Q: Our shower floor has discolored, probably from rinsing out hair color. We've tried everything — bleach, vinegar, Soft Scrub — and nothing makes a difference. The floor is only seven years old, so we really don't want to replace it! Do you have any suggestions?

Fairfax Station

A: The stains probably aren't from hair color. "You would see it on the walls, too — not just on the shower pan," said Martin Brookes of the National Tile Contractors Association and a tile industry consultant through his company Tile Inspection Services (415-383-1489; tileinspectionservices.com).

Instead, the stains are almost certainly caused by moisture that has gotten underneath the tiles, said Brookes and another industry consultant, Donato Pompo of Ceramic Tile and Stone Consultants (866-669-1550; ctasc.com). The moisture probably interacted with iron, which is naturally found in some stone tiles, then moved to the surface of the tiles to evaporate, leaving behind rust stains. Stone that may contain iron includes Carrara marble, which Brookes guessed that you have, based on the picture you sent.

Seemingly picky details during installation can forestall the stains from occurring — or can make them likely to occur. A traditional shower floor has what's called a "water in/water out" system. At the base is a mortar bed that slopes toward the drain. Over this goes a waterproofing membrane, also known as a pan liner, with weep holes to channel water into the drain. And over that goes another mortar layer, giving the tile and grout a suitable surface to bond to. This multilayer system assumes that water from the shower will seep through the tile, grout and top layer of mortar, but the shower pan will then channel it to the drain. The water doesn't pool for long periods or need to evaporate through the surface of the tile, eliminating the risk of iron stains. But this system works only if there are two mortar layers and if the weep holes aren't plugged.

To simplify installation, manufacturers also make shower pans designed so installers can attach the tiles directly. But to work satisfactorily, there can't be gaps where water can pool underneath the tiles. With small tiles, as you have on your shower floor, installers need to modify their usual way of spreading the thinset mortar or other bonding material, Brookes said. The mortar manufacturer might specify using a notched trowel with teeth a quarter-inch tall spaced a quarter-inch apart, which is fine for applying the correct amount. "But on mosaic, you need to knock down the ridges so you don't have peaks and valleys," Brookes said. "If you don't, the peaks and valleys don't collapse — it creates what I call aqueducts. The peaks touch the tile but the valleys hold moisture." If the installer swirls the trowel, as is common, the valleys don't lead to the drain; one set of peaks and valleys swirls around and blocks drainage from the next set of valleys. So the only way for the moisture to escape is by evaporating through the tile, carrying the stain to the surface.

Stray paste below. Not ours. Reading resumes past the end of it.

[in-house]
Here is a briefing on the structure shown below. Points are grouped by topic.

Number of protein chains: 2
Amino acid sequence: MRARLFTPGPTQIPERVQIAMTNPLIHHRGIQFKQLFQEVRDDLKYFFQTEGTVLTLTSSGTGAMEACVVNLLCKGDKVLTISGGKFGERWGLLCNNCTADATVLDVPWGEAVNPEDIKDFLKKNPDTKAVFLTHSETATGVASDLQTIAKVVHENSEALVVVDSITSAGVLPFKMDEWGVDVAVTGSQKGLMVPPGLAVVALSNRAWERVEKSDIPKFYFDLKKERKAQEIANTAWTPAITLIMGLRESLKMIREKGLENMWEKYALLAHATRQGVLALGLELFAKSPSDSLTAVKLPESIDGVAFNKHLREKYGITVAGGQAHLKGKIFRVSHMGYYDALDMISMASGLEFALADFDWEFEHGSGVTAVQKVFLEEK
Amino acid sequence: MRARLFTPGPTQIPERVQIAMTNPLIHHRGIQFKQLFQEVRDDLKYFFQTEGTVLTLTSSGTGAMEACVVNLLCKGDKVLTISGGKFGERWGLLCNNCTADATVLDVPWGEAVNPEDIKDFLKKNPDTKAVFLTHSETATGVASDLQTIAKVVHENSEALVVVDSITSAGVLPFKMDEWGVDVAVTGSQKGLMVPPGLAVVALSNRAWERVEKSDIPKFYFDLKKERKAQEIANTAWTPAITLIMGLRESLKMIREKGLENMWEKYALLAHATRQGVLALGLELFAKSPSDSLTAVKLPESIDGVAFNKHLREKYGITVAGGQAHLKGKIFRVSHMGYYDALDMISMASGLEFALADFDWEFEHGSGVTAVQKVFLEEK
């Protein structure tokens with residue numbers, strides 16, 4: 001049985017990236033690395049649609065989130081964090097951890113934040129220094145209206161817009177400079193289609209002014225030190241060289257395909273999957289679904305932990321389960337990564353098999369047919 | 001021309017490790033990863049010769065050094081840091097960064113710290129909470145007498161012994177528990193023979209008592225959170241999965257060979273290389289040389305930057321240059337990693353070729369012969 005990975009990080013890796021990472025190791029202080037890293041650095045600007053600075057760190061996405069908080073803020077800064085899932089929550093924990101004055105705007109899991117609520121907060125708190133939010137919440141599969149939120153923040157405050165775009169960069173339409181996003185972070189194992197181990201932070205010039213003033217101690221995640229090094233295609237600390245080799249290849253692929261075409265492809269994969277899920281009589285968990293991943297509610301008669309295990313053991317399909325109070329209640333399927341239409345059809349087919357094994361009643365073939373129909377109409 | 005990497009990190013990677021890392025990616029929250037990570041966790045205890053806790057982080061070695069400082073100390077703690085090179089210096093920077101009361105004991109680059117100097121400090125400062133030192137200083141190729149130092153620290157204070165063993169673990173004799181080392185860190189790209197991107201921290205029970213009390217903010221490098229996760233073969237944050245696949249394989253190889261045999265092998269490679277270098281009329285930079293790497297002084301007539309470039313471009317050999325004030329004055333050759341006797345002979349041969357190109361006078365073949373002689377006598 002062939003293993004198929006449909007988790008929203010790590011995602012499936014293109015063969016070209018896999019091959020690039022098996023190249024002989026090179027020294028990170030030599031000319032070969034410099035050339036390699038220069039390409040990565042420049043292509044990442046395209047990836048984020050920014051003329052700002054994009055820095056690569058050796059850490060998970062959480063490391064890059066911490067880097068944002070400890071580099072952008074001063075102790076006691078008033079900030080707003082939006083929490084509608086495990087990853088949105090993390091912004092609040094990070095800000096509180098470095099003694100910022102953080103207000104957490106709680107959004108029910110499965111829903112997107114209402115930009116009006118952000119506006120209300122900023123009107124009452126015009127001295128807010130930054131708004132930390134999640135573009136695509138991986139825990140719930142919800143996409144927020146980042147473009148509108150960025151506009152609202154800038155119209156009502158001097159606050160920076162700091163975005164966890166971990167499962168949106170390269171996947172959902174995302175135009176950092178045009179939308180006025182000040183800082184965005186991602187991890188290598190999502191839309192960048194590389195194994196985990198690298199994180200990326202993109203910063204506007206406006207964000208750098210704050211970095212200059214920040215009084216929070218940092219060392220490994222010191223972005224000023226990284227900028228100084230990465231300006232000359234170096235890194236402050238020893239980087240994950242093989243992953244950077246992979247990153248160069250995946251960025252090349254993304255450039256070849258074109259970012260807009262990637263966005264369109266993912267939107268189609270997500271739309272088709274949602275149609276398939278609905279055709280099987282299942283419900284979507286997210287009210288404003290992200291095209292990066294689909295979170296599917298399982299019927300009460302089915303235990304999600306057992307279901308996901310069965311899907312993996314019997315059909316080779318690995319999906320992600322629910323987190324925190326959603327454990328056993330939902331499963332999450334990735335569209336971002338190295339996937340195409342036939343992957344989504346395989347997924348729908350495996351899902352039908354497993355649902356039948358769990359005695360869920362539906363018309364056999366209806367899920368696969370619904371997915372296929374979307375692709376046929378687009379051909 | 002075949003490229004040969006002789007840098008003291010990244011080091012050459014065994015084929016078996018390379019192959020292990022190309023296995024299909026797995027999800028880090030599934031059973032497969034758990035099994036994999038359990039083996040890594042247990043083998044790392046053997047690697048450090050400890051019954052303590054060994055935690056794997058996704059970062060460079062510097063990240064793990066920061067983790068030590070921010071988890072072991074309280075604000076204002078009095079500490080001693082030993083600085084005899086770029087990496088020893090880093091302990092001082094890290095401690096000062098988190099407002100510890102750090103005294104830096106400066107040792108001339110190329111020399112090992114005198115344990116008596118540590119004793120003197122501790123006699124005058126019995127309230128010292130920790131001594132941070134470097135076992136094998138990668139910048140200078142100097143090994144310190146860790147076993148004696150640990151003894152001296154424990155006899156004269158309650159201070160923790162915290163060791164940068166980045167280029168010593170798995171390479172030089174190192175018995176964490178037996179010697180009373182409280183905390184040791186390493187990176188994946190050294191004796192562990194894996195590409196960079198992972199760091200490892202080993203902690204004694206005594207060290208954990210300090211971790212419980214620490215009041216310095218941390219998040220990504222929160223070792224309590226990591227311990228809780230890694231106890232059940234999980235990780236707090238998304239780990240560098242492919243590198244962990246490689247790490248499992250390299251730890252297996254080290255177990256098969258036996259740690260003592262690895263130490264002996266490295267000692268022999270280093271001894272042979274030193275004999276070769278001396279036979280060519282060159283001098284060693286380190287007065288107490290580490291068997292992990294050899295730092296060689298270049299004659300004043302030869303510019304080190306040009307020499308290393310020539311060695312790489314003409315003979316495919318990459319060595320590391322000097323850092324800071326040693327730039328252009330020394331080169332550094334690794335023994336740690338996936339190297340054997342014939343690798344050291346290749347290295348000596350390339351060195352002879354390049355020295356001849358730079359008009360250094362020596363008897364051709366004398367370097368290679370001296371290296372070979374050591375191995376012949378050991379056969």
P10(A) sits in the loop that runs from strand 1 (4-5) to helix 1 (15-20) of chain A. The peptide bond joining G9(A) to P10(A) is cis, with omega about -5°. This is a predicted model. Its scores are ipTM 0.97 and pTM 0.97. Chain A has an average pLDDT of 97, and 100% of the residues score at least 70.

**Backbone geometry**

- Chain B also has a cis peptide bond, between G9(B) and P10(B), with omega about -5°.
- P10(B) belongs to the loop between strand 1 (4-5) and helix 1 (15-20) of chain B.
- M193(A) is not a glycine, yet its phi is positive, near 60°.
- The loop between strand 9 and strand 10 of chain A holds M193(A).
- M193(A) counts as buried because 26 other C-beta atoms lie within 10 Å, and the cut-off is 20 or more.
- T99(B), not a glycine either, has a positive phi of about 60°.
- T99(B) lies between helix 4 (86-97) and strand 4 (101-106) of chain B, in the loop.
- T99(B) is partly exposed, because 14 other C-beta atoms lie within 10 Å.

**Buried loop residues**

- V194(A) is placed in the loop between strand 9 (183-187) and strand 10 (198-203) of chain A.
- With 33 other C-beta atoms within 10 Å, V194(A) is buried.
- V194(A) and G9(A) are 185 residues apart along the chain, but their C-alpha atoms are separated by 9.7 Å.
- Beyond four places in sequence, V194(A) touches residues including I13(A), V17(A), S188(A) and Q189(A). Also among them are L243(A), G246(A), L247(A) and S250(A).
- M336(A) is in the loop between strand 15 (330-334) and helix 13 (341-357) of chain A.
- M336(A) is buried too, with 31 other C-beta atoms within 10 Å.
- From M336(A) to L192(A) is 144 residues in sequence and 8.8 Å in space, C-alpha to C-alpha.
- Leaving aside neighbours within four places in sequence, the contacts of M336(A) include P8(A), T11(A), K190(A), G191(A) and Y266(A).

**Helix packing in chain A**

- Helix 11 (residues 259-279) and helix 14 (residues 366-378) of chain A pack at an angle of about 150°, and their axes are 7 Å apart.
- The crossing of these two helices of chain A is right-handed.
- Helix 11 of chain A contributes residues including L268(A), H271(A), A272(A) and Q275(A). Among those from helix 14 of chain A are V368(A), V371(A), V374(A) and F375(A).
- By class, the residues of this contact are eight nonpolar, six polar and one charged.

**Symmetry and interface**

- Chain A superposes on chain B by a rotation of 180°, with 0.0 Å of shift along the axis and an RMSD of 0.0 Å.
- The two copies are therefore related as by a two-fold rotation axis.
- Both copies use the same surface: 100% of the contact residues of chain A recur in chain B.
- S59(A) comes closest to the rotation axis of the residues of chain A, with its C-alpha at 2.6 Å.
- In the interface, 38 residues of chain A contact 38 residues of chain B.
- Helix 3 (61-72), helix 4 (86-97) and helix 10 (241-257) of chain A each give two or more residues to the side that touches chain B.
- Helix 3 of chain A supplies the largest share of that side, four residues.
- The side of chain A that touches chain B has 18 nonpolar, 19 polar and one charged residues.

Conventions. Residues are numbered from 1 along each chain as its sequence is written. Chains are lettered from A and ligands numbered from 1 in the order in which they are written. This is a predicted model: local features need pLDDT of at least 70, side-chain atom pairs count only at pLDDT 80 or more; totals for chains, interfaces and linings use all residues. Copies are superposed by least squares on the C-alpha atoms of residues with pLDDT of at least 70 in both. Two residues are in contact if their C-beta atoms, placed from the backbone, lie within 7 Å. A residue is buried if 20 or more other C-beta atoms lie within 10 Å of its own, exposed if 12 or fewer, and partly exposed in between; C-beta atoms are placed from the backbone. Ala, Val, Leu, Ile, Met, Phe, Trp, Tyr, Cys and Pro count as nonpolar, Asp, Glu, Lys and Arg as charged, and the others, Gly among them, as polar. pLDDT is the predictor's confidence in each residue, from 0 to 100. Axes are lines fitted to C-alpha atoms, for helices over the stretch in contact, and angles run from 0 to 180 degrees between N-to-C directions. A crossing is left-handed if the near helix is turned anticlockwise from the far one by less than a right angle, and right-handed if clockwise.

Products are available that remove rust stains from stone, but if the root problem is that moisture is collecting underneath because of improper installation, the only solution is to remove the tile and start over. "Sometimes a contractor can surgically remove the tile and save the membrane," Brookes said. But often, the job calls for a new shower pan. Costs vary across the country but in California, where he is based, the job is likely to run about $2,000 if just the tile needs to be replaced or $3,500 to $4,000 if a new membrane needs to be installed as well. If the membrane can be salvaged, Brookes recommends using porcelain tile, which is impervious, rather than stone, which is always porous to some degree, because iron staining won't be a problem. However, unless you correct the drainage issue, water will still pool underneath the tile and could become more acidic over time, eventually degrading the membrane, he said.

What if you are certain the stains are from hair dye or something else that spilled on the surface? For that, Brookes and Pompo recommended using a poultice product designed to take stubborn stains out of stone. Basically, these consist of a powder plus a liquid that draws out the stain. You mix the two into a paste, spread that over the stain, then cover the poultice with plastic wrap. As the powder slowly dries, it draws in the liquid along with whatever stain it has picked up, similar to how a sponge absorbs a spill. When the poultice is dry, brush it off and see whether the stain is gone or at least a little lighter. Sometimes it takes several treatments to remove all of the color.

One poultice product safe to use on marble is StoneTech Oil Stain Remover ($7.16 on Amazon for a three-ounce container, which covers 15 to 30 square inches when spread a quarter-inch thick). If the stain also is in the grout, Brookes suggested cleaning that with StoneTech KlenzAll Heavy-Duty Cleaner for Stone and Tile ($19.90 on Amazon for a 24-ounce spray bottle).

If you are able to remove the stain, seal the floor with a penetrating sealer. Don't use wax on tile, as it can trap moisture, add to maintenance chores and possibly make the floor slippery.

Pompo offers a free "ask the expert" service on his website, ctasc.com. The site lists questions asked over the past 15 years, with the answers.